Scottish First Minister Nicola Sturgeon could be forced to resign within "weeks", the leader of the main opposition party in Holyrood has said.
Scottish Conservatives leader Douglas Ross said previous first ministers have had to resign for far less serious misconduct than that alleged by former First Minister Alex Salmond against his successor on Friday.
He told the Daily Telegraph that Scottish National Party (SNP) leader Sturgeon had brought "sleaze and scandal to the heart of Scottish politics" and should "absolutely" resign
“We have lost first ministers through resignations here in Scotland for far less than what Nicola Sturgeon has been accused of,” Ross said.
In his marathon six-hour testimony to the Scottish parliamentary inquiry chaired by SNP MSP Linda Fabiani, former SNP leader Salmond laid out his case that Sturgeon and other government figures had conspired to ruin his reputation with since-disproven sexual misconduct claims "even to the extent of having me imprisoned."
He again laid out how the first minister had breached the Ministerial Code by failing to tell Parliament of a March 2018 meeting to discuss the allegations against him, and had wasted taxpayers' money on a probe into the claims after it was clear a judge would soon rule it out of order on grounds of "bias."
Asked whether Sturgeon would still ousted by Christmas, Ross replied: “I think there is a lot to come not just this year, but in the next few weeks that would really threaten her as the head of the SNP and as First Minister. And that’s before we even get into the election campaign.”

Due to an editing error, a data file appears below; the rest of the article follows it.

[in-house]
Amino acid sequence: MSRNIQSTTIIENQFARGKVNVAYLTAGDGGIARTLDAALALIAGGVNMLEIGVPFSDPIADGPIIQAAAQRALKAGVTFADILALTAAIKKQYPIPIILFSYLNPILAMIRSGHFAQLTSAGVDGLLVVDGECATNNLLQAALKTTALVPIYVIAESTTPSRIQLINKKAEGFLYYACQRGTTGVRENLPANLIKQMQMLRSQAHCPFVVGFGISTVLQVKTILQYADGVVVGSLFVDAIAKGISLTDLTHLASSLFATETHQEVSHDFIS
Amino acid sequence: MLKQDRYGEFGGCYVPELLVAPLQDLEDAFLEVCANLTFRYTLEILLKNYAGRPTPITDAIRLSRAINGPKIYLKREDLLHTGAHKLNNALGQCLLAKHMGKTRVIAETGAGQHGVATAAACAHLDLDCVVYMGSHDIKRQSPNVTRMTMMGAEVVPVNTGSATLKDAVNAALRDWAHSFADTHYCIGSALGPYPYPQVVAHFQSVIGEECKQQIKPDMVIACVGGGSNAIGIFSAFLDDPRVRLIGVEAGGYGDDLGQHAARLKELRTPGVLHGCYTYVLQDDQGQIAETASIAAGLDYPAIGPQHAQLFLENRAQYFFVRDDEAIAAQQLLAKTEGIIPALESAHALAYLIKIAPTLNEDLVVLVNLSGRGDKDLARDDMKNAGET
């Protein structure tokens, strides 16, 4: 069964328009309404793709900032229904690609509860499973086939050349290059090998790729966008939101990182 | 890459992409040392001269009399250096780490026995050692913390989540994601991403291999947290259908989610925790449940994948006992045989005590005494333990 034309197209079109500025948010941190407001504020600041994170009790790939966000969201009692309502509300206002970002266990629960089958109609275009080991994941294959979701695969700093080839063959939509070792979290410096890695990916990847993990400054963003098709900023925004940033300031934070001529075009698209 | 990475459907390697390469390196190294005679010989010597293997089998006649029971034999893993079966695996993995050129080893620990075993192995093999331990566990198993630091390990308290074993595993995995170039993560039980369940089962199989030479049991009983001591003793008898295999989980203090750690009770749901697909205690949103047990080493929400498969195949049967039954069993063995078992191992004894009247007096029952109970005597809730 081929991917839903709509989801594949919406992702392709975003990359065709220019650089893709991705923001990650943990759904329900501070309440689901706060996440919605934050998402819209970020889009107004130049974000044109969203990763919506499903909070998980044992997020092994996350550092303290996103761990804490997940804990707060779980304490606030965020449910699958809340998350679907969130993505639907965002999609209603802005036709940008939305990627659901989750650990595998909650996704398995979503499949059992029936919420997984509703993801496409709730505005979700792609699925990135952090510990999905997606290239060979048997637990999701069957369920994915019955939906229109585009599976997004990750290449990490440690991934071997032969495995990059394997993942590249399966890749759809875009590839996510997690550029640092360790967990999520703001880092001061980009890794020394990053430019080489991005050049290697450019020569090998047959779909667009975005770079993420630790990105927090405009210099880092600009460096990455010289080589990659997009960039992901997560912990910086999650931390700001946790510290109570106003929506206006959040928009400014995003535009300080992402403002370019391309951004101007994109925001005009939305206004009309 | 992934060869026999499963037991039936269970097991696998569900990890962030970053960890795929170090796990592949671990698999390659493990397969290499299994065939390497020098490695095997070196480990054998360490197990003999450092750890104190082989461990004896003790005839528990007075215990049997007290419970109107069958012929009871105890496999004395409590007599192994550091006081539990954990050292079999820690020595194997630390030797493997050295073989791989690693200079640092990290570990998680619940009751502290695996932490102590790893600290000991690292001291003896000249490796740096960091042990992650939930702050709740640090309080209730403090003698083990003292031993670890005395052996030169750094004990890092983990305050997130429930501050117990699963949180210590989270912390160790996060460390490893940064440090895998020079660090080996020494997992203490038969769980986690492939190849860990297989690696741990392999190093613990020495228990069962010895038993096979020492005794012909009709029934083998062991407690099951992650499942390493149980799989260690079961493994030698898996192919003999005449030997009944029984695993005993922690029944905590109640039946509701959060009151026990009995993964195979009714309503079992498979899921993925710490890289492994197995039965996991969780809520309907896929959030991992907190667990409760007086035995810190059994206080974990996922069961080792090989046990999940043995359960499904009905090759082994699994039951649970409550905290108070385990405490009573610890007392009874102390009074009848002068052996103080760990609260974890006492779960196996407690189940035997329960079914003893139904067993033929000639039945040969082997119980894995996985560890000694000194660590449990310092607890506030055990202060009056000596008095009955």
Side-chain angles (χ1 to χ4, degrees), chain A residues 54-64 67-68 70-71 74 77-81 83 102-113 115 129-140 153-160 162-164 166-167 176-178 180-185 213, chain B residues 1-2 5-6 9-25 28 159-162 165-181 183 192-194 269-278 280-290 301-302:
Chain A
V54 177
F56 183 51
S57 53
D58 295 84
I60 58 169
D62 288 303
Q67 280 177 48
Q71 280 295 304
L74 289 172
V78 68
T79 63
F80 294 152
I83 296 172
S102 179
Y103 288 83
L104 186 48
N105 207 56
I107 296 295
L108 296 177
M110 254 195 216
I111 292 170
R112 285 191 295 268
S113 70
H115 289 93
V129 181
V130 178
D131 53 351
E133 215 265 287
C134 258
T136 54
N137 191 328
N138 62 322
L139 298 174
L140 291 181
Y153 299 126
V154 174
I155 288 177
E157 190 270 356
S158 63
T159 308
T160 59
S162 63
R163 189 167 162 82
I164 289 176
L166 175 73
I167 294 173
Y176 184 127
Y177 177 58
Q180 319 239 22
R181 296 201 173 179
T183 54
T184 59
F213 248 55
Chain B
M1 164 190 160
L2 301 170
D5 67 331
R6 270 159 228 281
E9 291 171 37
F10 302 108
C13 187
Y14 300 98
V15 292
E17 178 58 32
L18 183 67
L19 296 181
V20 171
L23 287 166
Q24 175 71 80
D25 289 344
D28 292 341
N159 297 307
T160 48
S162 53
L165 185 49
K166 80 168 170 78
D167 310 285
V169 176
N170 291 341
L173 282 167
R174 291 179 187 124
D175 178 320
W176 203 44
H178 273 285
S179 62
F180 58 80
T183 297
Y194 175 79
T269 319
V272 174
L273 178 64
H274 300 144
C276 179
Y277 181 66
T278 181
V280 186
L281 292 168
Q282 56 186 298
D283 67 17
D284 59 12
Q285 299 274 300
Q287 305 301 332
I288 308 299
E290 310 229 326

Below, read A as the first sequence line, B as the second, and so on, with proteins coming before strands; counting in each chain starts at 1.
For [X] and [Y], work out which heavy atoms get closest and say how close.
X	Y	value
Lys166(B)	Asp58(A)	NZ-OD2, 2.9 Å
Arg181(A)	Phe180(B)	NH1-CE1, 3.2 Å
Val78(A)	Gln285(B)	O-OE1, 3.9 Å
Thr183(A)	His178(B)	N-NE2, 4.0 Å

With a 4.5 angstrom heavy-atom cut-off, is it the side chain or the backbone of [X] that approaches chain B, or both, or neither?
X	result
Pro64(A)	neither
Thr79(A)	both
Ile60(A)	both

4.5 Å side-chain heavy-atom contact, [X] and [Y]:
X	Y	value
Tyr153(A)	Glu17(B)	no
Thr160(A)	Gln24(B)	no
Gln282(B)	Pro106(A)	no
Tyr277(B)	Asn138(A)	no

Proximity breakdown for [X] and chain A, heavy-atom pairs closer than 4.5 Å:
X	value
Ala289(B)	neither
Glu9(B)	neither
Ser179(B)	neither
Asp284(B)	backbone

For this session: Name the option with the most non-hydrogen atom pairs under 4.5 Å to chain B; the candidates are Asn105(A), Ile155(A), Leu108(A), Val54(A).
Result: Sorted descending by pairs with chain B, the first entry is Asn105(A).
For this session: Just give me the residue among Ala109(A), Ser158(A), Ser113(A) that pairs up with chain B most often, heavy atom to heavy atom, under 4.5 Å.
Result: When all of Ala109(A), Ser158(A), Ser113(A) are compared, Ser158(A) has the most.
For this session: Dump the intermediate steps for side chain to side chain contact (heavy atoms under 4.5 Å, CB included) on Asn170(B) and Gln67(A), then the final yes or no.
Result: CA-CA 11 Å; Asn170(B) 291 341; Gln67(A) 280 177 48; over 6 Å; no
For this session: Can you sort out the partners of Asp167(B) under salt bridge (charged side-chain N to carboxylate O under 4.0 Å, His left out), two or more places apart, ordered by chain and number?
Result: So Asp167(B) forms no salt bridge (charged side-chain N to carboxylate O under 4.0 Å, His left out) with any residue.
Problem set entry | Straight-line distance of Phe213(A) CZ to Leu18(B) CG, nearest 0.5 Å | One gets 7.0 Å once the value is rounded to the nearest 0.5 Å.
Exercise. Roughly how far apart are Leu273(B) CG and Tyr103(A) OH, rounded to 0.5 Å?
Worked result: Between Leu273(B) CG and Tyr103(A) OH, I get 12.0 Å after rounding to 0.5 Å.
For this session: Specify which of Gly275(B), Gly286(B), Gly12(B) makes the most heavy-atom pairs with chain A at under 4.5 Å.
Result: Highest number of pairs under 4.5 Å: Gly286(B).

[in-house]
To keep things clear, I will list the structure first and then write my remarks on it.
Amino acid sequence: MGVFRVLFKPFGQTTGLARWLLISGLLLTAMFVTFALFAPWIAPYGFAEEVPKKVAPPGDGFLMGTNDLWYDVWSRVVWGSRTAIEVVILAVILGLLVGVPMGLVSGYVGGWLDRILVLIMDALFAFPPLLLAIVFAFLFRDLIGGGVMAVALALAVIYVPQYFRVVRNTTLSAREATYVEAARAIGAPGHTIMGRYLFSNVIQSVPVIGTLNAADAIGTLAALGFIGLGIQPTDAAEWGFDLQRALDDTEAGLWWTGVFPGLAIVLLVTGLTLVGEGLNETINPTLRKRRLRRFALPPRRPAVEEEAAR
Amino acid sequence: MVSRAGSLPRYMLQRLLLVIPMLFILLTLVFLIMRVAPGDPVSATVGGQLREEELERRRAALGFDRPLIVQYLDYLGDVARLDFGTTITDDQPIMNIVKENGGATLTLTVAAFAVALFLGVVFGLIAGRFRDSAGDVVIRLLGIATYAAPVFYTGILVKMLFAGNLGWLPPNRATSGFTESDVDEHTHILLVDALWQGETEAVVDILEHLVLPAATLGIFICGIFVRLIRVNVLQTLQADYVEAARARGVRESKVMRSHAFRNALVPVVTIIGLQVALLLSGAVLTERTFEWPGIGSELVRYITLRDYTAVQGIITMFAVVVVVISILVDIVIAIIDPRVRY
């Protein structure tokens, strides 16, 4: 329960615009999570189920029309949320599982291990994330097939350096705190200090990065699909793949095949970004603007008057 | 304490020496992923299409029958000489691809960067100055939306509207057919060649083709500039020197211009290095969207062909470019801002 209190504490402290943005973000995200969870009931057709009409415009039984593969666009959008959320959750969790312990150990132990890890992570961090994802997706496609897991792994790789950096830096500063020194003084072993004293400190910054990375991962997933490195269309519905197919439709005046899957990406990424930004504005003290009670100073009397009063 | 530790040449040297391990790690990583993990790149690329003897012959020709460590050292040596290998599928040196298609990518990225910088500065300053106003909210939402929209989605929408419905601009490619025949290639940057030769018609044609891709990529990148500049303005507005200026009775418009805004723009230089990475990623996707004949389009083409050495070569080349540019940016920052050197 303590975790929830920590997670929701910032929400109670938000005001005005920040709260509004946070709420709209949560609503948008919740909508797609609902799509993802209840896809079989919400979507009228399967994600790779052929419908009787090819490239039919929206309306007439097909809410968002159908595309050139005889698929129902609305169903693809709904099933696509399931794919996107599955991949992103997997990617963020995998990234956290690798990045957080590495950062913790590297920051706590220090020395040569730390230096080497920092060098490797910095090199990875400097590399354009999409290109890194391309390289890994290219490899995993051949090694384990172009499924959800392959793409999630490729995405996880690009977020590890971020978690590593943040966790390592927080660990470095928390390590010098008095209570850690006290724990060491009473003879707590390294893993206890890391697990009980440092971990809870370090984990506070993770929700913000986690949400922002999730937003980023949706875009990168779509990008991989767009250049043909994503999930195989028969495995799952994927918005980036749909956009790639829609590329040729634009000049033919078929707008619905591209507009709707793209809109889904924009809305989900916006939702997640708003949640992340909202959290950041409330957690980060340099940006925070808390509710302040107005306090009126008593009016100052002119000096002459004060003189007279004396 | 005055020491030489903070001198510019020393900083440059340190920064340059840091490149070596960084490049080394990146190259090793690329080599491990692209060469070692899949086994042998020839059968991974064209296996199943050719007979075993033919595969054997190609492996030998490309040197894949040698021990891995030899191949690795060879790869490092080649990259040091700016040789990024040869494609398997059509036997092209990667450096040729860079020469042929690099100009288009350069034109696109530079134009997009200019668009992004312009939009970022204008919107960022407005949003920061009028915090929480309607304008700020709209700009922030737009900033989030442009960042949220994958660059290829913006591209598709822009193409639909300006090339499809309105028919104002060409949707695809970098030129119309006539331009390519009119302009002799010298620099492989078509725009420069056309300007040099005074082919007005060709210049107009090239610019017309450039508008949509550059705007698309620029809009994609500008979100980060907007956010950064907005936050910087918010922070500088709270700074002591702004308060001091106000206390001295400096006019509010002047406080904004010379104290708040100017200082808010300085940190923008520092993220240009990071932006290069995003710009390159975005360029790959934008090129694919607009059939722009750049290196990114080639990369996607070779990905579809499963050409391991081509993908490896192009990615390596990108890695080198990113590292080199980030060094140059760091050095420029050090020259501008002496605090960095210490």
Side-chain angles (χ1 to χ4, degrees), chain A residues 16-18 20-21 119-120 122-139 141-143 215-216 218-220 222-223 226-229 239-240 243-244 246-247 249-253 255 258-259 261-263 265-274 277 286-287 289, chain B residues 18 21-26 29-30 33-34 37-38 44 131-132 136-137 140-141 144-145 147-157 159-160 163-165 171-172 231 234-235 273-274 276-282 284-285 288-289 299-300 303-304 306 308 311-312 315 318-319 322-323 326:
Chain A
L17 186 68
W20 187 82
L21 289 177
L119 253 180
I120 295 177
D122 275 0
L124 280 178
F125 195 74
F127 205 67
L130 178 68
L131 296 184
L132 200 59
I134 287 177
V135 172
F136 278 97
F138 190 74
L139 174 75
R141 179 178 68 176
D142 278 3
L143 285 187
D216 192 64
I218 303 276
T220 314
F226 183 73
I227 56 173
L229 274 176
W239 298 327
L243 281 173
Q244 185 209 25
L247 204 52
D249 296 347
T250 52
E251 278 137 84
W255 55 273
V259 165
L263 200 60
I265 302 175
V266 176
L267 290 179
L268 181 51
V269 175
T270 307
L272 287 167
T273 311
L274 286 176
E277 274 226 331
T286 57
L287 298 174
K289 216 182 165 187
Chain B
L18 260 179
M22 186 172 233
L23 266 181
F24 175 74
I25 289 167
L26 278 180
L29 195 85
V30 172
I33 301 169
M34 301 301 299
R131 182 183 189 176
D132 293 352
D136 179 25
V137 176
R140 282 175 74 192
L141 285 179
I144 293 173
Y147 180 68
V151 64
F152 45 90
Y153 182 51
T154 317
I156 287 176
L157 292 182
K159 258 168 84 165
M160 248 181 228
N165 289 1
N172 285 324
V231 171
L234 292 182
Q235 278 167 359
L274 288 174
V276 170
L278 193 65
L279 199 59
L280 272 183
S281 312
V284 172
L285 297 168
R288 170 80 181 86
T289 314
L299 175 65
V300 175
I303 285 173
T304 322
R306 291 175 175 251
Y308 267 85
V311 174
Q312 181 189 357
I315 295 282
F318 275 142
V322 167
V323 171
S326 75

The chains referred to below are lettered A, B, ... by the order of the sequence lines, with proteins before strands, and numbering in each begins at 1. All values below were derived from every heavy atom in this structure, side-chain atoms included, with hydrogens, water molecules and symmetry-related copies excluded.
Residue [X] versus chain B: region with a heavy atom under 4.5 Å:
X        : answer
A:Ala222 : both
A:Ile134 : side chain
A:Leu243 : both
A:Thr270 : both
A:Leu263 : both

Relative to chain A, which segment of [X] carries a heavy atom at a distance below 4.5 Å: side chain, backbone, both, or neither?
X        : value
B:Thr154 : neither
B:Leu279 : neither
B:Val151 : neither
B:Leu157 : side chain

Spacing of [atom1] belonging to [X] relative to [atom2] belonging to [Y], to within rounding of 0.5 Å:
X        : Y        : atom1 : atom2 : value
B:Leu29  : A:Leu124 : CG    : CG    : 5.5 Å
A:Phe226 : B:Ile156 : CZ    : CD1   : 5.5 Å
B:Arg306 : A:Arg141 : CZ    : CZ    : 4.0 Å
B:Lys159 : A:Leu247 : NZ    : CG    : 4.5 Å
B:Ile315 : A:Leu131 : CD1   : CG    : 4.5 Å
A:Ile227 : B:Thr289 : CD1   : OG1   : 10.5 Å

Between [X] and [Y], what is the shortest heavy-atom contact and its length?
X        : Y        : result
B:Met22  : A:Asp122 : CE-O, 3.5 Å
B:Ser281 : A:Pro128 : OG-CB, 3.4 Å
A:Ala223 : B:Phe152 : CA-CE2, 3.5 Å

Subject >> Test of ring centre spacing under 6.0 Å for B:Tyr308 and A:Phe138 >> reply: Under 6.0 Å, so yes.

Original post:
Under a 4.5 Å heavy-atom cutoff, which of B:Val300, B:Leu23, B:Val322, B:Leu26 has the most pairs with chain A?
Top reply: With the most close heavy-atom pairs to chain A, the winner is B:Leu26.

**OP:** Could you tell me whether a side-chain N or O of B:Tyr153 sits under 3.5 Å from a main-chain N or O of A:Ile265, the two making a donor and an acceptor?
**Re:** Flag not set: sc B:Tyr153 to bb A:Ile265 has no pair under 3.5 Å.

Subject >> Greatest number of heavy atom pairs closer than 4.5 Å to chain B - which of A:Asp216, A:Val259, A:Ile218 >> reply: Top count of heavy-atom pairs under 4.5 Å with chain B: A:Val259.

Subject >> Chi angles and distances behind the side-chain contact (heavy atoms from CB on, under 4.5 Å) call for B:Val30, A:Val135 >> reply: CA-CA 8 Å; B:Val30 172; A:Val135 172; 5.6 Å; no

With elections to the Scottish Parliament just ten weeks off, opposition parties including the Tories and Scottish Labour — which announced Anas Sarwar as its sixth new leader in ten years on Saturday — will be hoping the scandal will stop the SNP from forming another coalition government with support from the Scottish Greens.
— George Galloway (@georgegalloway) February 10, 2021
On Friday, former SNP Deputy Leader Jim Sillars publicly turned on Sturgeon, writing in the Daily Mail that he could no longer "my nose and vote for the party" in the May elections.
"The SNP today is a disgrace," Sillars charged. "Bit by bit, the public and those who invested trust in it as the head of a great movement that would take us to independence, are seeing the truth revealed."
"We have seen willing, in my view, to ruin a man's reputation by a leak to a newspaper; followed later by the most senior civil servant in the country declaring they had not lost 'the war' after a judicial review concluded the Government's handling of harassment claims against Mr Salmond were 'tainted by apparent bias'."
But Ian Blackford, leader of the SNP opposition group in the UK Parliament, backed Sturgeon's repeated insistence that she did not "believe" she had broken the code of conduct.
“She’s made it clear on a number of occasions that she does not believe she has broken the ministerial code,” he told BBC Radio 4's Today programme on Saturday morning.
“I believe that to be the case as well, this will be put to bed," Blackford said, while also appearing oblivious to Prime Minister Boris Johnson's latest dismissal of SNP demands for a repeat of 2014's independence referendum: “I and my party have full confidence in the First Minister leading us to that destination of Scotland becoming an independent country,” he claimed.